More health systems across the U.S. are offering monoclonal antibody therapy as a way of fighting COVID-19 infection, but how exactly do the treatments work, and how effective are they in reducing the effects of the virus?
The therapy is being touted by politicians like Florida Gov. Ron DeSantis amid a concerning rise in COVID-19 hospitalizations and cases across the state, fueled largely in part by the highly contagious delta variant. States like Texas, Louisiana and Arkansas have also seen an alarming surge in cases and hospitalizations, making the need for vaccinations and other treatments more crucial.
Experts stress that while antibody therapy is an option, vaccination remains the most powerful way to combat COVID-19 infection.
Here’s what we know so far about monoclonal antibody therapy, how it works, and what health care systems are offering the treatment.
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What is monoclonal antibody therapy?
Monoclonal antibody treatments, which are delivered intravenously or by injection, mimic the immune system’s ability to fight off harmful antigens such as viruses, according to the U.S. Food & Drug Administration. They are laboratory-made proteins made by Regeneron Pharmaceuticals and can be used to treat mild-to-moderate cases of COVID-19.
Candidates for monoclonal antibody treatments include elderly patients (those 65 years or older) and those with chronic kidney disease, diabetes, morbid obesity and sickle cell. Treatments are not authorized for patients who are hospitalized due to COVID-19 or who require oxygen therapy due to the virus.
“This is not for someone with severe symptoms, this is not for someone who is hospitalized, not for someone hospitalized on oxygen,” said Dr. Aldo Calvo, the medical director of ambulatory services at Broward Health Medical Center.
The treatments are primarily used to reduce future hospitalizations and severe illness caused by the virus.
The monoclonal antibody specifically directed against the spike protein of the COVID-19 virus is called Sotrovimab. Treatment is also known simply as Regeneron.
Are monoclonal antibody treatments safe for kids?
Kids 12 years and older are authorized to receive monoclonal antibody treatments. Doctors say the treatment needs to be administered within a few days of a positive COVID-19 diagnosis in order for it to be 70% effective.
Other eligibility requirements include weighing at least 88 pounds, being COVID-19 positive with mild to moderate symptoms and having at least one high-risk factor such as obesity, diabetes or cardiovascular disease.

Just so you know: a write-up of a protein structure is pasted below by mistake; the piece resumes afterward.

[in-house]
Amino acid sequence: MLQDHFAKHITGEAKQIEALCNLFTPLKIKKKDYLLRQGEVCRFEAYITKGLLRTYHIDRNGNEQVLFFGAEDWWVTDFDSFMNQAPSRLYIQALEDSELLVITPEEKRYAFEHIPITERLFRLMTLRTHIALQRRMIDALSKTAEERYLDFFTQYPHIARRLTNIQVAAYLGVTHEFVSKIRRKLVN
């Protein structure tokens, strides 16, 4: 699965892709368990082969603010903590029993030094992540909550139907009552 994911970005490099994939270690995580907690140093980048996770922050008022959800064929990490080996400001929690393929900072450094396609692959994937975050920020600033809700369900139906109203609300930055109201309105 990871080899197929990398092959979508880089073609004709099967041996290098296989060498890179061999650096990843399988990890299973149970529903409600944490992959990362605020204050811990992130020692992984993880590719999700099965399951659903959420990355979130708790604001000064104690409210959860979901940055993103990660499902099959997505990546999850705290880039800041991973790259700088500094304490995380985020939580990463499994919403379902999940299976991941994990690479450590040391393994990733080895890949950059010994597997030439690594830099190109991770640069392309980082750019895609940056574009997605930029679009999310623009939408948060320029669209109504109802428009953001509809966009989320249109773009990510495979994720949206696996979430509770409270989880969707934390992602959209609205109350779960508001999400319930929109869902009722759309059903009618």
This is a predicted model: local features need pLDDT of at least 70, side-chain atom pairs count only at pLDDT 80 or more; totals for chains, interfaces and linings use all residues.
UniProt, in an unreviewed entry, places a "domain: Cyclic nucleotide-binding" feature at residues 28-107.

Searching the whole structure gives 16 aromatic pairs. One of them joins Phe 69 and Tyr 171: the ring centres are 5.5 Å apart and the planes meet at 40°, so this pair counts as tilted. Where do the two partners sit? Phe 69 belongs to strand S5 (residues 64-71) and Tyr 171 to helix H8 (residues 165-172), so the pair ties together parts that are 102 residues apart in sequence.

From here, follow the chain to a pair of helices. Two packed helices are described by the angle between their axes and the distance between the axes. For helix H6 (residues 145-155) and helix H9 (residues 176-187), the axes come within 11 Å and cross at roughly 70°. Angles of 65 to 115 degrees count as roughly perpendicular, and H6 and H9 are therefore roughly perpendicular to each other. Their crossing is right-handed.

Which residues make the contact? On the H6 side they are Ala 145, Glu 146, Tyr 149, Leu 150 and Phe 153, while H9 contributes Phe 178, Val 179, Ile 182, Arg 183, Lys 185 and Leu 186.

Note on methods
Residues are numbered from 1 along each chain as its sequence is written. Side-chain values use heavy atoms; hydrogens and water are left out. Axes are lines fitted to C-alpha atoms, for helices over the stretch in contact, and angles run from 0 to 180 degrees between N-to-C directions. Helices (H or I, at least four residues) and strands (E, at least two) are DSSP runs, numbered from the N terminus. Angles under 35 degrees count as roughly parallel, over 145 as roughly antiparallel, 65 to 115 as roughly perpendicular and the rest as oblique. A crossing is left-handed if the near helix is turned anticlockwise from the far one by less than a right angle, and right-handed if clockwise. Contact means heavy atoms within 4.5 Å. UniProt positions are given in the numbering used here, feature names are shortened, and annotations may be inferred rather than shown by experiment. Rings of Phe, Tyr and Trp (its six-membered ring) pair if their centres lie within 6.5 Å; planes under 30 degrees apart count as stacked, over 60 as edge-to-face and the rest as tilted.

Is monoclonal antibody infusion FDA approved?
The FDA has issued emergency use authorization for monoclonal antibody treatment, which is not the same as approval.
The federal agency considers the therapy “investigational,” saying: “It is reasonable to believe that sotrovimab may be effective in treating adults and certain pediatric patients with mild-to-moderate COVID-19. And, when used to treat COVID-19 for the authorized population, the known and potential benefits outweigh the known and potential risks for the drug.”
The agency stresses that vaccination remains the most effective way of protecting oneself against COVID-19.
Where can I get monoclonal antibody therapy?
You can check the U.S. Department of Health and Human Services website to find a treatment center near you. You can also call 1-877-332-6585 (English) or 1-877-366-0310 (Spanish) for more information about locations.
In Florida, Gov. Ron DeSantis announced that he is launching a rapid response unit to expand the use of monoclonal antibodies in the state.
Treatment centers have sprouted in places like Jacksonville, Ormond Beach, Orlando and are scheduled to open in other Florida cities on both coasts of the state.
In South Florida, the antibody therapy is available in Pembroke Pines, West Palm Beach and Miami. You can find a list of state-run treatment centers here.
In Miami-Dade County, the therapy is available at Tropical Park and is open from 9 a.m. to 5 p.m.
Other hospital systems like the Memorial Health Care System and Broward Health Medical Center are also offering the therapy.
In Texas, nine antibody infusion centers have launched, Gov. Greg Abbott announced Friday.
DeSantis has previously said Regeneron helped former President Donald Trump when he was infected last fall.
DeSantis said he believes this monoclonal antibody treatment is not as well known because it received federal emergency use authorization about the same time as the mRNA vaccines were being approved, and that the focus "rightfully" was on vaccines at the time.
He said he felt it was important to increase its use along with vaccines saying they were "the most effective" yet seen for people who are already infected.
“I don't think it's an either or,” he said. “We have people in society that are not vaccinated. We also have people who are vaccinated who are still testing positive. Either way, if you get in that situation, particularly in these high-risk categories, this should be your stop.”
Is Remdesivir a monoclonal antibody treatment?
According to the U.S. Department of Health and Human Services, Remdesivir is an "antiviral drug approved by the FDA for the treatment of COVID-19 in hospitalized adults and hospitalized pediatric patients at least 12 years of age."
The drug works by stopping SARS-CoV-2 from spreading in the body. While monoclonal antibodies are used to prevent future hospitalizations and are administered to high-risk patients, Remdesivir is used in patients who are already hospitalized.